Another effect is the impact on nation’s self-perception. For countries where the football is elevated to a national symbol, the outcomes of the game may feel particularly painful. Italy is trying to overcome its nation-wide psychological trauma over the failure to qualify for the games. Brazil, Argentina, and Germany are following the pattern. On the contrary, for Colombia, a country with profound social and political divisions, the football is one of a few things that can unite the nation.

As for the World Cup in Russia, it is no exception to the rule in aforementioned respects. On the whole, the negative Western media coverage of Russia was no surprise. There was an outcry for unnecessary governmental spending on world-class stadiums in remote places in the country where football was not popular. The pictures of the frightening Russian Ultras were widely dissimilated in order to prevent the English public from attending the event. Additionally, the human rights and all kind of discrimination in Russia were under scrutiny long before the World Cup inauguration. Even when it turned out that the Russians are not innately evil, Russian people continue to be labeled as the “real losers” of Mundial.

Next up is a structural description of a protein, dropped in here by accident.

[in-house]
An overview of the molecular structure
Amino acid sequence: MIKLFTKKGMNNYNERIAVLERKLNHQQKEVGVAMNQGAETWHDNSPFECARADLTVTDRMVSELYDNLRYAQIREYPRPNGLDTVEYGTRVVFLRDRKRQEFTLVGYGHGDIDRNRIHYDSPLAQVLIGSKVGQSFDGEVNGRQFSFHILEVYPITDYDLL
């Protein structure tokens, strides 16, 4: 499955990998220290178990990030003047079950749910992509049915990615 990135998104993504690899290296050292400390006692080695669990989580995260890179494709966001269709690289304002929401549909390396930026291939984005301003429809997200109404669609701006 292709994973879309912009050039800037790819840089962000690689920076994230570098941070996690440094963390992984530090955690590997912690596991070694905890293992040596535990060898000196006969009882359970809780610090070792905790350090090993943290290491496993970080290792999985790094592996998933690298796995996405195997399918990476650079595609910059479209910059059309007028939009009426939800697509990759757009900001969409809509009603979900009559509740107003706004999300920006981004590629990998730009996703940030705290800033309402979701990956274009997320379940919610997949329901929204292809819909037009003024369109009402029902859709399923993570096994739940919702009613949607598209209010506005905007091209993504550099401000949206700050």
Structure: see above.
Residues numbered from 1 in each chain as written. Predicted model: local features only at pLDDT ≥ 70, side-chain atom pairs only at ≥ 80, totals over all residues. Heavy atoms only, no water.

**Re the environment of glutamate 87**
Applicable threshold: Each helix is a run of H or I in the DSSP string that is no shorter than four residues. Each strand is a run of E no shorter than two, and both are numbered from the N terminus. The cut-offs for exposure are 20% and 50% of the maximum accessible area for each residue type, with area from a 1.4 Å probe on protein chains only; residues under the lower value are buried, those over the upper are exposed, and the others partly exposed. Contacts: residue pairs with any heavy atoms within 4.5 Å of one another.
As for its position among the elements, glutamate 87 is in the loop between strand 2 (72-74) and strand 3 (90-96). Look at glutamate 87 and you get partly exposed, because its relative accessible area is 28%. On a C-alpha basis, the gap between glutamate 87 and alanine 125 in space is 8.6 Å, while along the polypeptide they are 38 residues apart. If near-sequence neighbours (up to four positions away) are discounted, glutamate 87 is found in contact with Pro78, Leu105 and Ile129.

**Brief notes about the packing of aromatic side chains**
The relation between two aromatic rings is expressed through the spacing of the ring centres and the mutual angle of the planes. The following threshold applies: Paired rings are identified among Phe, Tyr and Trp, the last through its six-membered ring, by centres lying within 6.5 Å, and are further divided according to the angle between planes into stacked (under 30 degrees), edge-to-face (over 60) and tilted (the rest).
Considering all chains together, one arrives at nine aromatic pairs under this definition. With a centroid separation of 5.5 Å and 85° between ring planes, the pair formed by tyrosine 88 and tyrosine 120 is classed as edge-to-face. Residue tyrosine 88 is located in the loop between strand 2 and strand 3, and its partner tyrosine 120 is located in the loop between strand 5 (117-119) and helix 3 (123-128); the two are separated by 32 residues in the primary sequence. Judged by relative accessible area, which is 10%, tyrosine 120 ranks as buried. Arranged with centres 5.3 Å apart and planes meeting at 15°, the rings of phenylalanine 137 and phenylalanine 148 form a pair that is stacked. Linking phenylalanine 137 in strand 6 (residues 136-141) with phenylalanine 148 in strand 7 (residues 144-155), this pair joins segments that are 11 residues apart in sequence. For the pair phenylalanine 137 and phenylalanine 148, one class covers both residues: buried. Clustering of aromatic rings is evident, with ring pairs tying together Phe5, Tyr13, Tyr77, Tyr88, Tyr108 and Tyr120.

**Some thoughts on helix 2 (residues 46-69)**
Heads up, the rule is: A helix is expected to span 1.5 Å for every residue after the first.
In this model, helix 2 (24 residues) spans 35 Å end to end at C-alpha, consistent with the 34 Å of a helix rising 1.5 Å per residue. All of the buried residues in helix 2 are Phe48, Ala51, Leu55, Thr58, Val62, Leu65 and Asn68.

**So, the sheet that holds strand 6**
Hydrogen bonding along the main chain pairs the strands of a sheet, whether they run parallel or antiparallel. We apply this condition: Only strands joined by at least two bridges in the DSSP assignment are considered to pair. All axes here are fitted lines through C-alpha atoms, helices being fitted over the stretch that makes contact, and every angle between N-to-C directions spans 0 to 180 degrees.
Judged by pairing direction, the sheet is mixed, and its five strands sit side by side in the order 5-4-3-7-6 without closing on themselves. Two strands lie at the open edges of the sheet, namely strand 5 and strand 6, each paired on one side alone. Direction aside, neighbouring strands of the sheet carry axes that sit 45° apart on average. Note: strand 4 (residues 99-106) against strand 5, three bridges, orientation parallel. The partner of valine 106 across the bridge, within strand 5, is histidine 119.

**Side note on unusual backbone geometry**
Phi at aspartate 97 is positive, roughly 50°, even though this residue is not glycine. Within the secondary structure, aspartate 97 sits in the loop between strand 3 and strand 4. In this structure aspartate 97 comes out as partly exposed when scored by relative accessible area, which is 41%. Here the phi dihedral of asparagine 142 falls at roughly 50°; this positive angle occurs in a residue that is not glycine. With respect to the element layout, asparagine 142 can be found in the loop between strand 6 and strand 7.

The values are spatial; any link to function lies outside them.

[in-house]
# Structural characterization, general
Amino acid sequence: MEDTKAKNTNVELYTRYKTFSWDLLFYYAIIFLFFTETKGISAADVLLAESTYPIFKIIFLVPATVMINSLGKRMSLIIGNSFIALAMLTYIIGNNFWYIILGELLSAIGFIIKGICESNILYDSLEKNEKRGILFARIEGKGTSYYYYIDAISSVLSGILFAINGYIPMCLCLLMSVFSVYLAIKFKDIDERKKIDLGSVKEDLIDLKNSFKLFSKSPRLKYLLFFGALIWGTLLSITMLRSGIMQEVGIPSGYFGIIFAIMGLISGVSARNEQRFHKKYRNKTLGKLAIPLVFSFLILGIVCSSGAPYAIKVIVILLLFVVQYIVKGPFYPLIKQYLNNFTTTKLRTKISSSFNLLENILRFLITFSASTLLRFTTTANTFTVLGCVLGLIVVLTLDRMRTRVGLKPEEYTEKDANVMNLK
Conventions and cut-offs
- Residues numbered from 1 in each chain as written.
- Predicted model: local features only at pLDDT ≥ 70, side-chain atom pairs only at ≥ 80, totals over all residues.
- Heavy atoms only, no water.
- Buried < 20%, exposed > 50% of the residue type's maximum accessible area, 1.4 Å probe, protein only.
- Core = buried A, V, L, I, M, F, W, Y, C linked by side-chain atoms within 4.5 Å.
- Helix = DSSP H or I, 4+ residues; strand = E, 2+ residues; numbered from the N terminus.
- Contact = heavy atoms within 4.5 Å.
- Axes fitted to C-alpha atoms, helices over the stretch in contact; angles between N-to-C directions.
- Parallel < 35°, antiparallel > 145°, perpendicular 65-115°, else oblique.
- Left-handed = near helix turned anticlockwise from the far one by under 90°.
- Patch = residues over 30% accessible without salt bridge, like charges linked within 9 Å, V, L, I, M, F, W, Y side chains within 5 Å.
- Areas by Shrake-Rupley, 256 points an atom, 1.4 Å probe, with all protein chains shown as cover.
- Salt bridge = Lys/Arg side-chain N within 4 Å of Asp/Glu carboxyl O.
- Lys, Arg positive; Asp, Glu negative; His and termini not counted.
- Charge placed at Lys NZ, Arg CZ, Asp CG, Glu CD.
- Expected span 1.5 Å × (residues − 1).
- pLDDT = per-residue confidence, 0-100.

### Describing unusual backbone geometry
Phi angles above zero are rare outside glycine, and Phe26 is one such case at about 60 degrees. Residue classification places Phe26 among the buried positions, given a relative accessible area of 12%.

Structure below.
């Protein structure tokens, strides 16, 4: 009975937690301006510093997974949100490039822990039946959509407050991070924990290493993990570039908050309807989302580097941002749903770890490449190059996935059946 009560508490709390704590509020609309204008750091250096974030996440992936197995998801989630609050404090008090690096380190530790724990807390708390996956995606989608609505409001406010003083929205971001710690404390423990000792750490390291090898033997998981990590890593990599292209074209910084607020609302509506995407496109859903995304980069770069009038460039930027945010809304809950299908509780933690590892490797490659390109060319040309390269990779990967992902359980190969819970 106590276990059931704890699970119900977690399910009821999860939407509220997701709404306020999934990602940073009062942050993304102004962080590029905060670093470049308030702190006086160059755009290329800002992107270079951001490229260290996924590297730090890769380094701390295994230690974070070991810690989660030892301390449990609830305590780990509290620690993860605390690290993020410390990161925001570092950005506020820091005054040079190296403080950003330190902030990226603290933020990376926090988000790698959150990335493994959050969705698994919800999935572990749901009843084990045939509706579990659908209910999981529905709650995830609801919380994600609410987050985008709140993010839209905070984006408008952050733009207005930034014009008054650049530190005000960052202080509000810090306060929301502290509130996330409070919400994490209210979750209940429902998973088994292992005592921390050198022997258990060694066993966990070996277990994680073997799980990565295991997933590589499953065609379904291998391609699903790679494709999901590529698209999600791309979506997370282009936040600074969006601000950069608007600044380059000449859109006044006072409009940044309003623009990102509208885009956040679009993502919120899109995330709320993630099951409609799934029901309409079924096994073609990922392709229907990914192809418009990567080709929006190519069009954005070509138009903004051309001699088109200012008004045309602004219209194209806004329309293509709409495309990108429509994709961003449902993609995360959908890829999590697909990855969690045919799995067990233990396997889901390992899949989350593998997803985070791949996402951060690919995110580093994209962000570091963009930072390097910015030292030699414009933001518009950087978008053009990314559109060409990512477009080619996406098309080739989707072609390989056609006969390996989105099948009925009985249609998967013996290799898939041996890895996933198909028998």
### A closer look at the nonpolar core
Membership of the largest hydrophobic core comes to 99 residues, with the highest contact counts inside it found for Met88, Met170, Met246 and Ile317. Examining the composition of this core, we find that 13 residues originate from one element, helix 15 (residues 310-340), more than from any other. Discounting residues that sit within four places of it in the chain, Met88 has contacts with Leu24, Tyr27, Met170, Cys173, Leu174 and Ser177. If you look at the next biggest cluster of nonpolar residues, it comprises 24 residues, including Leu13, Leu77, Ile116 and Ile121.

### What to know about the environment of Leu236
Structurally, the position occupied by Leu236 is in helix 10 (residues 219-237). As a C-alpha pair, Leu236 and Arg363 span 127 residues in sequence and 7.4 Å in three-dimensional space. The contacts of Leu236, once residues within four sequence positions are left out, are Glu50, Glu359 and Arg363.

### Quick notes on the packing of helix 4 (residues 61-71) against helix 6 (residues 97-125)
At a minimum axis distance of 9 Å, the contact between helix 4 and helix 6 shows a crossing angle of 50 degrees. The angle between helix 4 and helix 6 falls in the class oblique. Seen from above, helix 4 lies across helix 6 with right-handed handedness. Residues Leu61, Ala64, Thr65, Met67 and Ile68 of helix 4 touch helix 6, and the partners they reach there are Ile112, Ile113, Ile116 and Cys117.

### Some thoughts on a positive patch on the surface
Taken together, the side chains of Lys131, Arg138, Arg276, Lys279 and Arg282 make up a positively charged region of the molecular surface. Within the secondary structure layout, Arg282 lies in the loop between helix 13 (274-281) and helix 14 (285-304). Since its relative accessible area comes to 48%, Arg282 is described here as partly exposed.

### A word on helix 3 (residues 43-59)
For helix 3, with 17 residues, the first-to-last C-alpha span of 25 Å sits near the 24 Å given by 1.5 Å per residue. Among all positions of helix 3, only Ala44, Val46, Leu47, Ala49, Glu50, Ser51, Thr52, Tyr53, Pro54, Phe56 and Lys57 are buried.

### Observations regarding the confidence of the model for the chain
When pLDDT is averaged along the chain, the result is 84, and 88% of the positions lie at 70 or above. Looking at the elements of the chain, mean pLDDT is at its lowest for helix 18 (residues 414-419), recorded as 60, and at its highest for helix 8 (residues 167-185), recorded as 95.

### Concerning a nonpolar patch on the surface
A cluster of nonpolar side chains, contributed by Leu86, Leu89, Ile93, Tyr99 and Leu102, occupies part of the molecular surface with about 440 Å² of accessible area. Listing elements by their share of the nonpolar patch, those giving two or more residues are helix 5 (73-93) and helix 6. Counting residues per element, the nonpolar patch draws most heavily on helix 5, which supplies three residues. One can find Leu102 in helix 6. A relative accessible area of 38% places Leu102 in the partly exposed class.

So, is it all worth it? In case of Russia, it definitely is. When the host county’s reputation is tarnished, there is still the chance that sports will serve a unifying force for a nation. Because of rather modest achievements in football, Russian team was not among the favorites and its participation in the quarterfinals took both the country and the world by surprise. That is why the impact of its victories was so powerful. Last time the Soviet team went to the quarterfinals 32 years ago. Even though, it did not make it further in the tournament again, the Russian team is writing a new page in sports of independent Russia and, definitely, a new page of Russian national identity.